It is important to note that the word ‘district’ in DDM does not mean the district municipality will provide leadership. The planning function will not necessarily be chaired and coordinated by the district municipality. The fact that the district municipality is not a chair or coordinator of the DDM planning process is a relief to behold for many reasons – one of which must be emphasised. The district municipality typically has less technical capacity than the local municipalities. There is also a very disturbing trend of using the district municipality as a refuge for fallen politicians who would ‘cause trouble if they are left unemployed’. They are habitually appointed in administrative positions in district municipalities where some don’t even report for duty. Among these are managers and assistant managers in very strategic positions. The success of the model will be measured by its ability to holistically improve and link important infrastructure units across local municipalities. It will require a clear definition of roles and the flexibility to change the format to suit the dictates of the regions. *Gundo Maswime is a lecturer at the University of Cape Town and researcher in public infrastructure.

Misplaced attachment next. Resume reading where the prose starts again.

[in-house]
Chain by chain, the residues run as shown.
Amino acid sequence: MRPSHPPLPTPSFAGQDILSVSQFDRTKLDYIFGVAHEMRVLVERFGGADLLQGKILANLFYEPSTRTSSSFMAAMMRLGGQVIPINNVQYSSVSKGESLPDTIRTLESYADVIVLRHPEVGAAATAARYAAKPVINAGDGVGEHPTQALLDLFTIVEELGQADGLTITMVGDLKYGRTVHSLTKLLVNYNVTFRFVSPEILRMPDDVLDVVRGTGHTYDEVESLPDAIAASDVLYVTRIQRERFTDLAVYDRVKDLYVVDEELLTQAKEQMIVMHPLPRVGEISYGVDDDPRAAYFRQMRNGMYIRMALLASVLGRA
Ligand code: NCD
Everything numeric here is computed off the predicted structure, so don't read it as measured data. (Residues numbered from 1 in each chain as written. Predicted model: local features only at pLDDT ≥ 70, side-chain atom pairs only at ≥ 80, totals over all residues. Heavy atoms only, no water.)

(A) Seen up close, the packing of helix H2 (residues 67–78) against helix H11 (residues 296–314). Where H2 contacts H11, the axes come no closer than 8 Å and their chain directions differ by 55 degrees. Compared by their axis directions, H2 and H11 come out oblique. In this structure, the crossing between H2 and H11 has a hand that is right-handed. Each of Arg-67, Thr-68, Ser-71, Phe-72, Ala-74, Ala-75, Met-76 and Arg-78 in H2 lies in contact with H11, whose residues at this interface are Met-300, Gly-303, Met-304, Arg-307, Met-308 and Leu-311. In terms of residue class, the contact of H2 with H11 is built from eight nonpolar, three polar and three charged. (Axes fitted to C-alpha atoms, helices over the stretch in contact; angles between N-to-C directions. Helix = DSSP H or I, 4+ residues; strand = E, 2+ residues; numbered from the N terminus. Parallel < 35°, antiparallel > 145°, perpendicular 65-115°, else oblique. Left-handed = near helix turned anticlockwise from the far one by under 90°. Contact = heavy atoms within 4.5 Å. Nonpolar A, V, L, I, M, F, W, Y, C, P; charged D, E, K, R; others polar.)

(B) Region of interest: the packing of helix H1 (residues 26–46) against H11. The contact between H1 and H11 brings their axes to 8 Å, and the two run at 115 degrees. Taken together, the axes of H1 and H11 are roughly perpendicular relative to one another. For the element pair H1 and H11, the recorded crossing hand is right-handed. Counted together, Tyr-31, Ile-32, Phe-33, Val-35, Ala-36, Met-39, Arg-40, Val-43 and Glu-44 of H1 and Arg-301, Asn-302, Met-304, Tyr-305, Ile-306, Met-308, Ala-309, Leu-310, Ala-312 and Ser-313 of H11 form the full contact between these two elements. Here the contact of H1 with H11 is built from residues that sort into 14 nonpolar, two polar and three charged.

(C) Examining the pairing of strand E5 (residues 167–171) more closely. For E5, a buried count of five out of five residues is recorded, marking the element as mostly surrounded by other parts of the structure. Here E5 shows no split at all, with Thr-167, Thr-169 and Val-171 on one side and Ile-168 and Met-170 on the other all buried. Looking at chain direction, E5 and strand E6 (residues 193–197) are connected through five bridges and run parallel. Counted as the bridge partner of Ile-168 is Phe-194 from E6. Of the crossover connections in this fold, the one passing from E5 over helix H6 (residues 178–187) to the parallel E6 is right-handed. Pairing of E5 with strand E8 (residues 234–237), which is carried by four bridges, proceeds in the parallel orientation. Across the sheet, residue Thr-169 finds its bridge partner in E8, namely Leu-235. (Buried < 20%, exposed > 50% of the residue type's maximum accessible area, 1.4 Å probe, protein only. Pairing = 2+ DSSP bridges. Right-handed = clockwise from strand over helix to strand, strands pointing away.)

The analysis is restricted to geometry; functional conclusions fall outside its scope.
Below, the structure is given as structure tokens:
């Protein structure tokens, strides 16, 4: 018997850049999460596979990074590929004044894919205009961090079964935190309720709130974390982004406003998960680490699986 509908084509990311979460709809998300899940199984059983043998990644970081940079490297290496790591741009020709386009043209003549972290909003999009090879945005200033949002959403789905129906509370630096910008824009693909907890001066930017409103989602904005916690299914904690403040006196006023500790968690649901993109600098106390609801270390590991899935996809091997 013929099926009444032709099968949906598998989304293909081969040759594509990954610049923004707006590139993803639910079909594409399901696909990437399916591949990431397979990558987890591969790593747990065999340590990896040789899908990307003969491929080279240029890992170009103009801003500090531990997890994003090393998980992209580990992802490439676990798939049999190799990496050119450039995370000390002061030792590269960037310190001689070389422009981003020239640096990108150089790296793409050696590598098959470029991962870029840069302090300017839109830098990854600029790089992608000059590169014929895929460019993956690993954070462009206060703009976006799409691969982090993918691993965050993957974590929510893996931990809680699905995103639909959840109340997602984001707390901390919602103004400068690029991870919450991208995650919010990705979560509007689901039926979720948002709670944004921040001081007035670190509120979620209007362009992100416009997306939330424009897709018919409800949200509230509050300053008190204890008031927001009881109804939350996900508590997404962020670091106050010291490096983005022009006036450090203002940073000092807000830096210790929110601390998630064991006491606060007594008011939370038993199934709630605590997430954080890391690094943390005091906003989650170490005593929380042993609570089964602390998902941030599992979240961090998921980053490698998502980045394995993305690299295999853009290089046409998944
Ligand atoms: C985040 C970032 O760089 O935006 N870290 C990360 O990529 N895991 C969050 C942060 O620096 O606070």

IMIESA February 2021



We need MORE than promises and rhetoric South Africa’s National Water Week campaign takes place between 15 and 22 March, with the aim of educating the public about their responsibility in water conser vation initiatives and raising awareness around the need to protect and conser ve the countr y’s water resources. By Jan Venter